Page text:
What Kind of Film Are You Developing?

The labs we’ve listed above are all quite inclusive, most offering developing and scanning of any modern film format. That said, there are a few types of film that are not accepted at every lab on the list. 

The most problematic formats for developing by mail are large format film and E-6 slide film. Large format presents logistical problems that make it more difficult to send by mail than other sizes, and E-6 is definitely the least common format used by most photographers. 

Unless you shoot either of these formats, you’ll almost certainly be able to use any of the labs we listed. There’s no problem developing color or black and white film by mail.


What Do You Need Done with Your Film?

Everyone has different needs when it comes to dropping their film at a photolab (in person or by mail). Some folks just need developing and they prefer to handle the scanning themselves. Some need developing, scanning, and printing all completed at once. Some circumstances call for cheap scans, some call for the best scans that money can buy.

Decide exactly what you need done with your film before deciding which lab you’re going to send it to. 

There are labs that offer much cheaper rates for developing only, where other labs include the cost of developing when you get scans. 

If you’re going to be getting scans at the same time as developing, make sure to check what size of scans are offered and verify that these will be sufficient for your needs. 

Most labs offer a few options for scans, each with a different price point and different quality. Generally speaking, smaller scans are perfectly fine for viewing online or on social media, but if you ever want to get prints, or zoom in on all of the fine details of a photo, it’s usually best to opt for higher resolution scans. 

What Are Other People Saying About the Lab?

We try not to put too much weight in online reviews like Yelp and Google, but there’s no doubt that they can still be a valuable tool. 

Try to take reviews with a grain (see what we did there?) of salt, and remember that someone who had a bad experience is significantly more likely to leave a review than someone who had a good experience. 

If there’s a recurring issue with a particular lab, it’s usually pretty obvious from a quick scan (we did it again!) of their online reviews. One person’s issue may be more of a difference of opinion, whereas multiple people all complaining about the same issue may be more of a cause for concern.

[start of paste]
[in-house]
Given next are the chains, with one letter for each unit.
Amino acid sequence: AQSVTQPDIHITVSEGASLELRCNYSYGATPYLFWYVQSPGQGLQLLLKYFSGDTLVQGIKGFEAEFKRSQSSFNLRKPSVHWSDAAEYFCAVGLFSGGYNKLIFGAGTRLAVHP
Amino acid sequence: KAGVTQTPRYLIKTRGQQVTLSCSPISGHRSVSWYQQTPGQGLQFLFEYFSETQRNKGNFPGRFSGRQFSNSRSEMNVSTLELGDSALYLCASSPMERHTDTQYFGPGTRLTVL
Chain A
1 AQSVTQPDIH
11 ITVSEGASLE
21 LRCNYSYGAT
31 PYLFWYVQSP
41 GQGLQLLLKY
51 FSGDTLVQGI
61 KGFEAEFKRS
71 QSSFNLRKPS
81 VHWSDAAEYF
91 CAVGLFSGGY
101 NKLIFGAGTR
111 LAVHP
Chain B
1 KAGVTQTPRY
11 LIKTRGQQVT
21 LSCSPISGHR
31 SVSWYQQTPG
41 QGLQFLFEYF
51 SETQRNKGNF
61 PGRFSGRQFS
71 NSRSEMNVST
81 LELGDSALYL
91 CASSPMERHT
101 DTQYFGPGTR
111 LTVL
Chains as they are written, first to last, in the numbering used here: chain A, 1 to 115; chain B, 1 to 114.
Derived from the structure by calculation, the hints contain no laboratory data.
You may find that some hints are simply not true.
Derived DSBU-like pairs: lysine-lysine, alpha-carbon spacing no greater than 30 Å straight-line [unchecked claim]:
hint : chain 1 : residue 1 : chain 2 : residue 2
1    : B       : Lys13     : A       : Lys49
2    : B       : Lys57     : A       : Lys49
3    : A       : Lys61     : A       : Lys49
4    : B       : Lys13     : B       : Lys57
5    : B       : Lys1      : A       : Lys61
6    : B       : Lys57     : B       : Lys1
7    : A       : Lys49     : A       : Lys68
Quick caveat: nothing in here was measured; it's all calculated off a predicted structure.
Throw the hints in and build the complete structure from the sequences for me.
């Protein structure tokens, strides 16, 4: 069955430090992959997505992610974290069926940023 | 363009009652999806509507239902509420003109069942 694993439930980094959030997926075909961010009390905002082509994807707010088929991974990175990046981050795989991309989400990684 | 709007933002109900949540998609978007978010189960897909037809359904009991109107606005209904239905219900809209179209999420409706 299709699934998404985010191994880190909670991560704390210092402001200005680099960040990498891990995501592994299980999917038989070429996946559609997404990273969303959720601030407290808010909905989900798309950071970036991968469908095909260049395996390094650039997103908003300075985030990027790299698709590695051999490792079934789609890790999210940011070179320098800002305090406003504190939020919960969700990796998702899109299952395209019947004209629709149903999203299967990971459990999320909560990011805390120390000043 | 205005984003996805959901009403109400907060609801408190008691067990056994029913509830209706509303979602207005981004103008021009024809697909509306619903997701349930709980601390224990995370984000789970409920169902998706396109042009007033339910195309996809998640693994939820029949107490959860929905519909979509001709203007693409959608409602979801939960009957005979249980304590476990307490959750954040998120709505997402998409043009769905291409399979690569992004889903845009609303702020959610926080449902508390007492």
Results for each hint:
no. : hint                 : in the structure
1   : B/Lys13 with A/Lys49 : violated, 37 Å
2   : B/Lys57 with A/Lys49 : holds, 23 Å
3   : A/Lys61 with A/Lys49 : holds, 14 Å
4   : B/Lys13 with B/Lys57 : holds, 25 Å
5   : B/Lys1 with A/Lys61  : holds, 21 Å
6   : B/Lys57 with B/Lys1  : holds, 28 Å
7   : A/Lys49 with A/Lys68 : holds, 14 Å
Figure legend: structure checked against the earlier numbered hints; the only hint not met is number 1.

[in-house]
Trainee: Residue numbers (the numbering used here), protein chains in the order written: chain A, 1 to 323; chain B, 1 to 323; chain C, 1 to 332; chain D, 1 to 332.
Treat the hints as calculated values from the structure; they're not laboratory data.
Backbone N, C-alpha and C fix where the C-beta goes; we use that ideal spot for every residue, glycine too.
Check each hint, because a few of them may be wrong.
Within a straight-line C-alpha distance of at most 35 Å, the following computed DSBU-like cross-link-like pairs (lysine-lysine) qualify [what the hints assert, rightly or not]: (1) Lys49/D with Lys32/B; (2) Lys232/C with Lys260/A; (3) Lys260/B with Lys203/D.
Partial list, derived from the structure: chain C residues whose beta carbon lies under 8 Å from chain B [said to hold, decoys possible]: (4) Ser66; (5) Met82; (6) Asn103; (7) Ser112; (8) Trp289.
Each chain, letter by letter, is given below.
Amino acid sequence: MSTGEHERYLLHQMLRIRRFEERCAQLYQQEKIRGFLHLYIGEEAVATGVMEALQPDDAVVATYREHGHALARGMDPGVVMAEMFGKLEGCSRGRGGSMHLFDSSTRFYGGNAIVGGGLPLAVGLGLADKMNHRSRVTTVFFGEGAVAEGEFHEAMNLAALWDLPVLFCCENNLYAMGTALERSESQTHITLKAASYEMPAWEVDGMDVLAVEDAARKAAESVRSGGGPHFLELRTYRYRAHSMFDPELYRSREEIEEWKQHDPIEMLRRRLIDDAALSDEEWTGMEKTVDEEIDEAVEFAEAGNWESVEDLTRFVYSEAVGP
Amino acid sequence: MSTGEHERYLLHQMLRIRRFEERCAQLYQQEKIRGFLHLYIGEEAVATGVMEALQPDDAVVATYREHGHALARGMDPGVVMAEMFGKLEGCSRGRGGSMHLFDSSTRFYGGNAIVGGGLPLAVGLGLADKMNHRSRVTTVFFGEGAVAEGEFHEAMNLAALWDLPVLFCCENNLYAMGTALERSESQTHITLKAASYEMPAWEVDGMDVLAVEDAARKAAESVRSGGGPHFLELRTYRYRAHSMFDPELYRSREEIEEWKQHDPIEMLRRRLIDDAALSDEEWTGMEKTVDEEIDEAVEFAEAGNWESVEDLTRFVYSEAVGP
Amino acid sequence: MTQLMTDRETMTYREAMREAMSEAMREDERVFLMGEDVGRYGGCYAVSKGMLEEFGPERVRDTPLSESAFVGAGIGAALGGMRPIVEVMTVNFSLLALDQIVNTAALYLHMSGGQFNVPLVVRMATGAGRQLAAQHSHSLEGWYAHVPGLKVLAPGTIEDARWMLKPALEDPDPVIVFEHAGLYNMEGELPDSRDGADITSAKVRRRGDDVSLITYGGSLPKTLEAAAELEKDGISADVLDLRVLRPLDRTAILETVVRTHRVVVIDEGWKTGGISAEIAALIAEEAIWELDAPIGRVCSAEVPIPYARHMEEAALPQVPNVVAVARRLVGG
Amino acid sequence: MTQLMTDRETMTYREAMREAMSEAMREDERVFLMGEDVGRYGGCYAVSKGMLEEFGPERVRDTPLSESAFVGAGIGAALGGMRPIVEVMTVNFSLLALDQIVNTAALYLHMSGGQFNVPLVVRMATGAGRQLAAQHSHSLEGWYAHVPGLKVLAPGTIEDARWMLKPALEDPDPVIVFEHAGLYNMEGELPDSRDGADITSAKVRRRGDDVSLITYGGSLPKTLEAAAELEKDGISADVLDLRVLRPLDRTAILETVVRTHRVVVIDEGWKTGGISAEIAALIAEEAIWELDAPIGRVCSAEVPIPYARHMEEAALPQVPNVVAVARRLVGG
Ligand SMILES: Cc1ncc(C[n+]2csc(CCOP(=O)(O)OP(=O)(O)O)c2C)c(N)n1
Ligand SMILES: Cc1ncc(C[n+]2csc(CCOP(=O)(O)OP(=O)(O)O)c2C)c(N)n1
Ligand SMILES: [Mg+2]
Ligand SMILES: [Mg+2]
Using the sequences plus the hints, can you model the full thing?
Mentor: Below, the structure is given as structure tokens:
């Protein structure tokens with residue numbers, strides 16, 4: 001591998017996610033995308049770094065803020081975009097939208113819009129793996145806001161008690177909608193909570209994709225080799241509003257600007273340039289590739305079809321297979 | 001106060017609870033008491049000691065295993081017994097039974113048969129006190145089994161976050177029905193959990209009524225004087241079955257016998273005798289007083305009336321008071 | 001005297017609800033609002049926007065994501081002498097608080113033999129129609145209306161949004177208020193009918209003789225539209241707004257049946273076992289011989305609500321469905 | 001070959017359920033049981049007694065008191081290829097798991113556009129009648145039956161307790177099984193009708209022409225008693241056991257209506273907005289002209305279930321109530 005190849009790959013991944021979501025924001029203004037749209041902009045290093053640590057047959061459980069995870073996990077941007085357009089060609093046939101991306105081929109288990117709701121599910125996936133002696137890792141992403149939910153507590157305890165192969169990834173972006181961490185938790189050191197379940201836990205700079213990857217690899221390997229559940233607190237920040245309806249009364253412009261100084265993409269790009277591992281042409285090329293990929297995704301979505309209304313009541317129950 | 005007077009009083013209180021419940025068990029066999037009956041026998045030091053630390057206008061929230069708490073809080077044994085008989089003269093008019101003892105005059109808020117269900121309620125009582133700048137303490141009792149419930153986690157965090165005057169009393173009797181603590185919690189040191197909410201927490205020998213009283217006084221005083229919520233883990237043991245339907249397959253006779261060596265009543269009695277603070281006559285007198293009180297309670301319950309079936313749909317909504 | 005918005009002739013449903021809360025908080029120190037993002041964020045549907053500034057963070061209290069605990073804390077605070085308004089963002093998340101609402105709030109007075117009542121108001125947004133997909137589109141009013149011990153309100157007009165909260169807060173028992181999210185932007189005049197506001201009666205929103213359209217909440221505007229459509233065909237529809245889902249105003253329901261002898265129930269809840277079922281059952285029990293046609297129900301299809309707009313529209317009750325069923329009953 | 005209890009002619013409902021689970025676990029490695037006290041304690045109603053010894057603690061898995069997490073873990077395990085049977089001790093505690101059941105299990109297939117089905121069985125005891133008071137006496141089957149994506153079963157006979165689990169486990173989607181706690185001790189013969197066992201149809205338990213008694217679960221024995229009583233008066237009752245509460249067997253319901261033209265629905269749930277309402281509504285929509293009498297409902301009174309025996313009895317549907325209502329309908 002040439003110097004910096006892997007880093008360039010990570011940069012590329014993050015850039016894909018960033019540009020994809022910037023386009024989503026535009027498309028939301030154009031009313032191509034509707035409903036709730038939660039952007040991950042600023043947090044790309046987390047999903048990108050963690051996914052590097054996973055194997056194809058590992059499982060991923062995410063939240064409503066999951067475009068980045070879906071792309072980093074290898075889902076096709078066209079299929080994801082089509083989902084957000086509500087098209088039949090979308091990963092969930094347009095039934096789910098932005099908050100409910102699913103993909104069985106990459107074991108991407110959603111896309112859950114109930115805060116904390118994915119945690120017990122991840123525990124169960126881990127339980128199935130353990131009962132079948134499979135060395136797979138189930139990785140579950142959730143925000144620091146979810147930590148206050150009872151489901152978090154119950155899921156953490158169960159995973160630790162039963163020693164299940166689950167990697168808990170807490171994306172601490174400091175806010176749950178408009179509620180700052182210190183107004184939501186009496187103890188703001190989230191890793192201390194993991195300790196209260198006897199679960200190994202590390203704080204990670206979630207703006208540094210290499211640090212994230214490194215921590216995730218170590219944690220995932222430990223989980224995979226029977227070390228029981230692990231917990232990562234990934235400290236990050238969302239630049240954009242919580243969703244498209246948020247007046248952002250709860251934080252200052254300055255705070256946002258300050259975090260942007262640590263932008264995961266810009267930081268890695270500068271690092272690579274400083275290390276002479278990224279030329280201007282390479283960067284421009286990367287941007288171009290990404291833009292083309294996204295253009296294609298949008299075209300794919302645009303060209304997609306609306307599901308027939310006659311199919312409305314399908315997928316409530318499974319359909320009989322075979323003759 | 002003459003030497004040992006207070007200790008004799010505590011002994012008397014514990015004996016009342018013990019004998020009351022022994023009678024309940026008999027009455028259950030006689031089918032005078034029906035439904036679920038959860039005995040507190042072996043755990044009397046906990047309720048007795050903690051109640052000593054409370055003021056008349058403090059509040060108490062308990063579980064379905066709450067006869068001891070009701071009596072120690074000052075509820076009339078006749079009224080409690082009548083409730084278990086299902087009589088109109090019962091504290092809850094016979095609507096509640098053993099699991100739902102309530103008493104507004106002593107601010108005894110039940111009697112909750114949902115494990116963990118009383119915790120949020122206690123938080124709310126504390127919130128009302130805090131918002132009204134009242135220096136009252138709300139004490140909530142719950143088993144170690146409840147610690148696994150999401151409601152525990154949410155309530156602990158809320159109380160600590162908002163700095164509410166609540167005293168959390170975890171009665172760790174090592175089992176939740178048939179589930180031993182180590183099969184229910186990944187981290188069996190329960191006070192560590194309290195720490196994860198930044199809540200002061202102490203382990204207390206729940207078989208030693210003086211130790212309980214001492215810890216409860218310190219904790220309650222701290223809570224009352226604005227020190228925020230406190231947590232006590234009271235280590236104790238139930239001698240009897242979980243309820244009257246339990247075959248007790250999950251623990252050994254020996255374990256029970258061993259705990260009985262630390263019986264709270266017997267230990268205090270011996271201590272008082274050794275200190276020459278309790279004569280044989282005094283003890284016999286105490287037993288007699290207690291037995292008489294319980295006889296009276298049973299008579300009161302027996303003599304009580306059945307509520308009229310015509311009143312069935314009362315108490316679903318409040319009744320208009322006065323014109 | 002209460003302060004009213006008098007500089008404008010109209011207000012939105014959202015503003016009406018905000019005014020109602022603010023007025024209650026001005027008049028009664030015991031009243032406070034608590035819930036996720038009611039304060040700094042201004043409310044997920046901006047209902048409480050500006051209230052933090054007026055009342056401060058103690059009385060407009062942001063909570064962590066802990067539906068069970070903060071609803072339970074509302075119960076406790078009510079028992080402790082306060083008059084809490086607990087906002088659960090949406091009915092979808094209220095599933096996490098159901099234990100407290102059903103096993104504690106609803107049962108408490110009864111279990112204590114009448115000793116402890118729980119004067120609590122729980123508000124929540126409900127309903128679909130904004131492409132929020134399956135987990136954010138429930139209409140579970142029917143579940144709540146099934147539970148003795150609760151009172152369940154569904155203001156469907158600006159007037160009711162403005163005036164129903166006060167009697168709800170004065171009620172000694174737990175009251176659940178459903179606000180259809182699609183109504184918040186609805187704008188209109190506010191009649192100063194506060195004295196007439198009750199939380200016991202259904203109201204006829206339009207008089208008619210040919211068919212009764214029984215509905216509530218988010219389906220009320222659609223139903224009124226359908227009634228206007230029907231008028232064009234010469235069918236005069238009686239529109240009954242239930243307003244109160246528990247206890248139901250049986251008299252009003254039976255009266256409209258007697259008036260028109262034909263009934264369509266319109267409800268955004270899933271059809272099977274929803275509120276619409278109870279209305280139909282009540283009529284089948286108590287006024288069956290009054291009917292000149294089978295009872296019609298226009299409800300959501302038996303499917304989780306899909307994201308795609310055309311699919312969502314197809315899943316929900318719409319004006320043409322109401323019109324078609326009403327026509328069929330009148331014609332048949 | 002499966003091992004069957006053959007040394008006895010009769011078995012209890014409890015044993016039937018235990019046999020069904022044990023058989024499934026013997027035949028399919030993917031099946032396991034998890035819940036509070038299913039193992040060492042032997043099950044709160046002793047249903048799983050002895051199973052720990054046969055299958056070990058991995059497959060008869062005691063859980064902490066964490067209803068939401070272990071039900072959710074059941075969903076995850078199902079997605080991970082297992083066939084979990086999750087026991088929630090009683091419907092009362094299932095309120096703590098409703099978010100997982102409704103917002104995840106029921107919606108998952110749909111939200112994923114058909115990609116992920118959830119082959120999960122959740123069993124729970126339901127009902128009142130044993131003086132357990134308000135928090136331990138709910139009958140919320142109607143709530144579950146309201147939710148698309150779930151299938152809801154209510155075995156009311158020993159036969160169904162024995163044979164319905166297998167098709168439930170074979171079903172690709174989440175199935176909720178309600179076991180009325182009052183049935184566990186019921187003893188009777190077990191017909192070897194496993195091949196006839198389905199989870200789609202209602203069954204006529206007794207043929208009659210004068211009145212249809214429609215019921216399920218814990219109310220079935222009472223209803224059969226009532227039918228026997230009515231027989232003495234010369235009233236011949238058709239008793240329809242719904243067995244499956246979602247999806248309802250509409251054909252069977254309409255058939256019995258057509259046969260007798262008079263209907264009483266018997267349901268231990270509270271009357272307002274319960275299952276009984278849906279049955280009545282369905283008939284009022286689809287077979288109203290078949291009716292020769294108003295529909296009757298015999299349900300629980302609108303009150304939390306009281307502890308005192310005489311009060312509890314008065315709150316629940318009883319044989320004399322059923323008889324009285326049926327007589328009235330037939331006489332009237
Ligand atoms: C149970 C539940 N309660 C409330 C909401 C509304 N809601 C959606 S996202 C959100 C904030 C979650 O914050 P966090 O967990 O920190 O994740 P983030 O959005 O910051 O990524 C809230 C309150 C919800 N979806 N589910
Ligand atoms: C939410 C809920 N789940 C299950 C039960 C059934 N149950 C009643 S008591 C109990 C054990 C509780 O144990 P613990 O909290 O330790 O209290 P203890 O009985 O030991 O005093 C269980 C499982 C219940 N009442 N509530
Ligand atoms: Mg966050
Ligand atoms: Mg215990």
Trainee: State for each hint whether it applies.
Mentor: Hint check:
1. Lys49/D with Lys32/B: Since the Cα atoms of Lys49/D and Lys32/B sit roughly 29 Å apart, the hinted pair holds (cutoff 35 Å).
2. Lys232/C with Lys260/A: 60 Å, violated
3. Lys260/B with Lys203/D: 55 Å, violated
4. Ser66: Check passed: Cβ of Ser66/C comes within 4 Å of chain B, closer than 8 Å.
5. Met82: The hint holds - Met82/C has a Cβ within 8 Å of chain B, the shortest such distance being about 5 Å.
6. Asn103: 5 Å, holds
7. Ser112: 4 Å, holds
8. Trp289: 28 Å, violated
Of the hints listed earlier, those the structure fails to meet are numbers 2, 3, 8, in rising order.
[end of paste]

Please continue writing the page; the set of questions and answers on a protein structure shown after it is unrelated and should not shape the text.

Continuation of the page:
Another great tool when screening a photolab is to check if they have a website or an Instagram page. It’s become quite common for labs to post images of customer photos they’ve developed and/or scanned; nothing will give you a better idea of what kind of work they do than…well, checking out the work they do. 


Tips for Great Results from Every Roll

By now, you’ve decided to develop your film by mail, and you’ve even narrowed down which lab you want to use. Great! Let’s look at a few quick tips to make sure that you achieve great results from every roll.

Pack It Tight, Pack It Right

While some aspects of developing film online are out of your hands (there isn’t much you can do if a package gets lost), the most important thing  you can control is how you pack your precious cargo before sending it to the lab. 

The most basic, yet common question that we get is: what exactly should I put my film in to send it to the lab?

Vintage envelope for extra prints and enlargements from film
Photo Negative Envelope by J.D. Phagan, ( CC BY 2.0 ) – A vintage envelope for getting extra prints or enlargements from your negatives

  • Envelopes are a no-go. They can rip easily, especially when filled with something rigid like film, leaving your rolls damaged, or lost in transit. 
  • Padded envelopes are a safer bet. Whether you buy a padded envelope of your own, or go with a lab that provides padded mailers for free, this seems to be the most common and cost effective way to send film in the mail. 
  • Boxes also do the trick, especially for bulk orders. If you shoot enough film that a padded envelope won’t cut it, or you want that extra level of security, some type of box is probably the safest bet. Safety comes at a price, though, as this is usually the most expensive option.

Once you have decided on a vessel, make sure to take these extra steps to ensure that your film makes it to its destination, unscathed. 

  • Extra padding never hurts. It may be overkill in an already padded envelope, but especially if you’re mailing your film in a box, make sure to use some sort of padding (bubble wrap, newspaper, etc) to ensure a nice, tight fit. We don’t like our film jostling around in an oversized box, and this also adds another layer of protection in case your box/envelope gets damaged in transit.
  • Ziploc bags protect against the elements. You never know what will happen to your package in transit; it could be left outside on a rainy day or stacked underneath a leaking case of the latest, hottest energy drink. Don’t take any chances and throw your rolls in a Ziploc bag before packing them, just on the off chance it comes in contact with any sort of liquid on its journey. (Undeveloped film and liquid do not get along too well).